Custardguts, May 12 2010

       You know sometimes in life, there is no right or wrong side of an issue. Sometimes, the complexities of a situation, set it so far from what our tiny little minds can unravel, that we need to stop trying to be right, stop defending that which is not ours to defend, and just try and find some ways to compromise, instead of looking for ways to pick fights with one another.
blissmiss, May 13 2010

       Some things, clearly, go right over your head.
blissmiss, May 13 2010

       <makes mental note to read this whole mess on the weekend>   

       <then knocks on wood>   

       There needs to be a secret way in for illegal immigrants, too, just to balance the argument.
neelandan, May 13 2010

       //Do you leave the door to your house unlocked all day, and greet with open arms anyone who just wanders in? Well I sure as hell don't//   

       Yeah, but your wife does.   

       (couldn't help myself)
MikeD, May 13 2010


       Yeah, but your mom does.
MikeD, May 13 2010

       [neelandan], no, the main text here specifically mentions keeping the borders tight against illegal immigration. Think of this Idea as a one-way valve; we want them OUT not in, so we need an easy way to let them out, not in.   

       I notice that none of the prior annotations here talks about one of the real fundamental problems that causes illegal immigration --overpopulation. If a country has people breeding faster than they are providing and increasing resources to sustain that increasing population, then the only way for many individuals to avoid starvation is to emigrate from that country, regardless of the legalities.   

       I also note that there are exactly three cures for overpopulation: (1) Increase resources, (2) decrease the birth rate, (3) increase the death rate. The first is becoming impossible; the world is running out of certain resources (such as land on which crops are grown, every time a farm is converted into housing for that increasing population), and the third is socially unacceptable everywhere. That leaves the second option, only, despite also being socially unacceptable in some places.
Vernon, May 13 2010

       //The situation is more akin to someone sneaking into your basement because they had to flee their house after their husband beat them black and blue.//   

       The mexicans don't come to the U.S. black and blue.   

       Your analogy is just as inacurate, but in the oppisite direction.   

       How about this analogy:   

       It's like sneaking into your neighbor's basement because your neighbor's basement provides a more comfortable lifestyle. Your neighbor would have invited you to come stay in his basement, provided you are not a fugitive or felon and under the condition that you pay for your own beer and throw in some cash on wings and pizza, but being the little shit-bag that you are, you snuck in uninvited and ate his wings and pizza and drank his beer.   

       And to [Vernon] : A secret way out of America? Realistcly, I see this being an excellent escape route for criminals and terrorists.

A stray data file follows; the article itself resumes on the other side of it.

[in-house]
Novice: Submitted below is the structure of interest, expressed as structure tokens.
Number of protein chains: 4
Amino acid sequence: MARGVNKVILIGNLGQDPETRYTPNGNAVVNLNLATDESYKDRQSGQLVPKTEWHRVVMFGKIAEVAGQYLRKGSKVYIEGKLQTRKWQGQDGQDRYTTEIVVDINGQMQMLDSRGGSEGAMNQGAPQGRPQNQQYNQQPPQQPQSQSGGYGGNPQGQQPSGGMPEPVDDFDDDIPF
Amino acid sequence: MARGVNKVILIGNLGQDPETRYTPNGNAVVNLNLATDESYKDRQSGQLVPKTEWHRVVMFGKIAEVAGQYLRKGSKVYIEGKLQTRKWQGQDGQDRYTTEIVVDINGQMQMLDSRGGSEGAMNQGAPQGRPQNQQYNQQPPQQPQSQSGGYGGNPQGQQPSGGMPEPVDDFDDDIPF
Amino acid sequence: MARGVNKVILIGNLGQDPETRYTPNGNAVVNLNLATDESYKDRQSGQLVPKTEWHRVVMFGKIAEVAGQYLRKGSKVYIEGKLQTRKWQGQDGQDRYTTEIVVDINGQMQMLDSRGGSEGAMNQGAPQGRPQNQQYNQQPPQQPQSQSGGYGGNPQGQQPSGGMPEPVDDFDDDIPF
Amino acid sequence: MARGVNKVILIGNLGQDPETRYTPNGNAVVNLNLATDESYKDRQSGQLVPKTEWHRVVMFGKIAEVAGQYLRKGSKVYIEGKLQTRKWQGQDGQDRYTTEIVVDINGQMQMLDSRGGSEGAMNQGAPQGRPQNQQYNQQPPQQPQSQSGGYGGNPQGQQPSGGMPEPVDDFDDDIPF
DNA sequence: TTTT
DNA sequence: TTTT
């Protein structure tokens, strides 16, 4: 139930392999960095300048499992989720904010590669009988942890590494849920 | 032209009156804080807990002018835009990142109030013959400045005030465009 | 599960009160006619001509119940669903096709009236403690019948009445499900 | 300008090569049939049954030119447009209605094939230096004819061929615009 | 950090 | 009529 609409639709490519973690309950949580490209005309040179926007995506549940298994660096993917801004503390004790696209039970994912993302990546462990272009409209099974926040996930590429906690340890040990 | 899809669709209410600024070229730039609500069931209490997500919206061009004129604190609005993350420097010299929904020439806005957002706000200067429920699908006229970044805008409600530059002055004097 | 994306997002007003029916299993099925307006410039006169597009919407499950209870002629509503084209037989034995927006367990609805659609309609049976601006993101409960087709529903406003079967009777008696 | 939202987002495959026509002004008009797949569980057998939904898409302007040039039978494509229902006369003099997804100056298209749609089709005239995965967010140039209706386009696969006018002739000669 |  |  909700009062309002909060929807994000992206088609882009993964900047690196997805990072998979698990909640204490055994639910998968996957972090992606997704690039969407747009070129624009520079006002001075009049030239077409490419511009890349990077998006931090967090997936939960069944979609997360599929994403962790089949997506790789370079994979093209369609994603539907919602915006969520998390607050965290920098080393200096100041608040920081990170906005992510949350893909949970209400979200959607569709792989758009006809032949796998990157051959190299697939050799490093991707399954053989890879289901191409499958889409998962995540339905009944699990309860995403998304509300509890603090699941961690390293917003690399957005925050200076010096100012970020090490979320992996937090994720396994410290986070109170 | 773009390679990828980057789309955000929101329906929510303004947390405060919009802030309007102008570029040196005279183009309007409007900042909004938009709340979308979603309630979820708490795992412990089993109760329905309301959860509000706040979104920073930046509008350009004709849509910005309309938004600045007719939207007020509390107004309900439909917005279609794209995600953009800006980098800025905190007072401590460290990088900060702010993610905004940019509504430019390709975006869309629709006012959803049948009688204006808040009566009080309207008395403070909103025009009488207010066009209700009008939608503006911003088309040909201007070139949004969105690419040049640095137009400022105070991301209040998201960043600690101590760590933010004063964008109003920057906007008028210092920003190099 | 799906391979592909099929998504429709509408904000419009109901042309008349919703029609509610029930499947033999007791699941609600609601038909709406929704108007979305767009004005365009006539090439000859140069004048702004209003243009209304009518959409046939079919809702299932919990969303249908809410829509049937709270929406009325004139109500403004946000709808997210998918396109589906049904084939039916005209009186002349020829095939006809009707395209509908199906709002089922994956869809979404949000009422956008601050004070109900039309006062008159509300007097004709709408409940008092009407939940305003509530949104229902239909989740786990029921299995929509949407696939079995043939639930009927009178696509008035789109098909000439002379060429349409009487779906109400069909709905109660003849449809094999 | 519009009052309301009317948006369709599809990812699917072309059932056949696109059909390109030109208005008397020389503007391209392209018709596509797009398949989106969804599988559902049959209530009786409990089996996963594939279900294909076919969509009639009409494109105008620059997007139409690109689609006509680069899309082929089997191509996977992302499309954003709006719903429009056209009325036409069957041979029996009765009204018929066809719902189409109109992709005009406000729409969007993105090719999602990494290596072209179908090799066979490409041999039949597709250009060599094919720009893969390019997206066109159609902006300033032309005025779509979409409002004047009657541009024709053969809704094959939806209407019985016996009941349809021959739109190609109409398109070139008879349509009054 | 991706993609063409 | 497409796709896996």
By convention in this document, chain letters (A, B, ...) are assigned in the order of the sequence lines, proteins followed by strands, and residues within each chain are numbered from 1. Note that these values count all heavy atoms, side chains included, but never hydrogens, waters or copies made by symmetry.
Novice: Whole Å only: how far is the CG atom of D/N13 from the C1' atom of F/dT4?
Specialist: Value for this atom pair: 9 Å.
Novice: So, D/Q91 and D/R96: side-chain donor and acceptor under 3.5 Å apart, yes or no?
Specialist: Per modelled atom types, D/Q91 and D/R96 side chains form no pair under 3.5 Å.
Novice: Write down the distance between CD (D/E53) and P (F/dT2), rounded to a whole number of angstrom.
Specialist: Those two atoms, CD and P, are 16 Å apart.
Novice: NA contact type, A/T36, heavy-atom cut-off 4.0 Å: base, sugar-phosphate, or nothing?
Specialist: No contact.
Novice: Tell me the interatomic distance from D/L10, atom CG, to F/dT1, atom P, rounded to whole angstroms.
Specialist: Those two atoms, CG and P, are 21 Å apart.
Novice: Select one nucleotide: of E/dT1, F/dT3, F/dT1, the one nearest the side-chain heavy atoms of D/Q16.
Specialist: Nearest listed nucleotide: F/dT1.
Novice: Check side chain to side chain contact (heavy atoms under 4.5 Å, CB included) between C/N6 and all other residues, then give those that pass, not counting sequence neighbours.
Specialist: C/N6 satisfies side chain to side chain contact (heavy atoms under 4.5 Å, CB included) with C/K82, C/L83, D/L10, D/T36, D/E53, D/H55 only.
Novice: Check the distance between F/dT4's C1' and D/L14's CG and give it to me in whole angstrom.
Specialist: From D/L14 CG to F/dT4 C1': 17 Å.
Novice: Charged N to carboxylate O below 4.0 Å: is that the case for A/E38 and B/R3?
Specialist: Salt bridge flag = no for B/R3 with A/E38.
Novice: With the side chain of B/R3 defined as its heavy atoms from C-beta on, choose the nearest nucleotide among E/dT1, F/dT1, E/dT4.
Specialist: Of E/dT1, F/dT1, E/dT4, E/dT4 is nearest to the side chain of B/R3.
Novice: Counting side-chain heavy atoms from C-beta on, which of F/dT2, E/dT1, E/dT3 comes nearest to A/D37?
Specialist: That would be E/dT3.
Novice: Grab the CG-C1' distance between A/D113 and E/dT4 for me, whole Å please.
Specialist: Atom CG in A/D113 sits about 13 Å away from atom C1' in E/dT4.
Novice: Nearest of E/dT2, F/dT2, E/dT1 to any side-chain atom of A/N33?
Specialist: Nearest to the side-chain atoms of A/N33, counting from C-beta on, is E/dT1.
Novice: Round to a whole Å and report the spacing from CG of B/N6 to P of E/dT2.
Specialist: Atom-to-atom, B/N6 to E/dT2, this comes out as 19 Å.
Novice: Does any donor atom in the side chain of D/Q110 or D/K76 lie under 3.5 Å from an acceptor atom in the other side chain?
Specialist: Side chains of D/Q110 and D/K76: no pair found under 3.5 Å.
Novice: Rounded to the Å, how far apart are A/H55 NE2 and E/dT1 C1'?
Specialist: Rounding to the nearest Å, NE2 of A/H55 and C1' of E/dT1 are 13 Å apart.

MikeD, May 13 2010

       "Spare me your tired, your poor, Your huddled masses yearning to breathe free, The wretched refuse of your teeming shore. Send these, the homeless, tempest-tossed back from whence they came, I douse my lamp inside this golden door!"   

       bliss, I believe he must be about 3 foot 2.   

       Becoming documented inside this country as an immigrant is a fair bit more challenging than being born here. Yes, there needs to be systemic reform.
RayfordSteele, May 13 2010

       21, I rest my case. ( I always like it when the other person helps you look smarter than you really are. I'll take it any way I can get it.)
blissmiss, May 14 2010

       //take advantage of the American economy without paying their due taxes//   

       Most do pay taxes, which they cannot later collect on. To a large extent, illegal aliens are propping up SS and Medicare. They pay into it, we take it out. Why do you think the federal government is so reluctant to actually do anything about it? Tough sentencing for employers would solve the problem. The US just can't afford it right now.   

       The laws in this country are written by the rich and for the rich. Illegal immigration benefits the rich, and so do the silly people who listen to and repeat their silly and hypocritical arguments. I suspect that the only thing that rich and poor conservatives share is a deep and abiding racism. They do not share the knowledge that those arguments are patently flawed. Only the rich know that. And they know that a stupid argument is the absolute best way of having nothing done about a situation that benefits them.   

       The Arizona law does not do anything that is not available under current federal and state law. It's a political stunt, and one that gains acceptance due to the racism prevalent in Arizona .   

       Learn a little about constitutional criminal procedure; you do not have to have a law to reestablish the definition of reasonable suspicion or probable cause. When you attempt to do so, you will very likely run up against established law.
nomocrow, May 14 2010

       // I suspect that the only thing that rich and poor conservatives share is a deep and abiding racism. //   

       I'm sorry but I find that quite offensive, while I do suspect that your other notions about rich conservatives using poor ones to further their agenda is right on the nose. But I suppose that occurs in both parties now, doesn't it?   

       21Q: here's the reality which you may or may not be grounded in: your need to be right all the time, pick stupid fights, get ultra-defensive, shoot down every other idea, or explain obvious jokes sucked the life out of the bakery like an aged succubus and makes people want to run away screaming.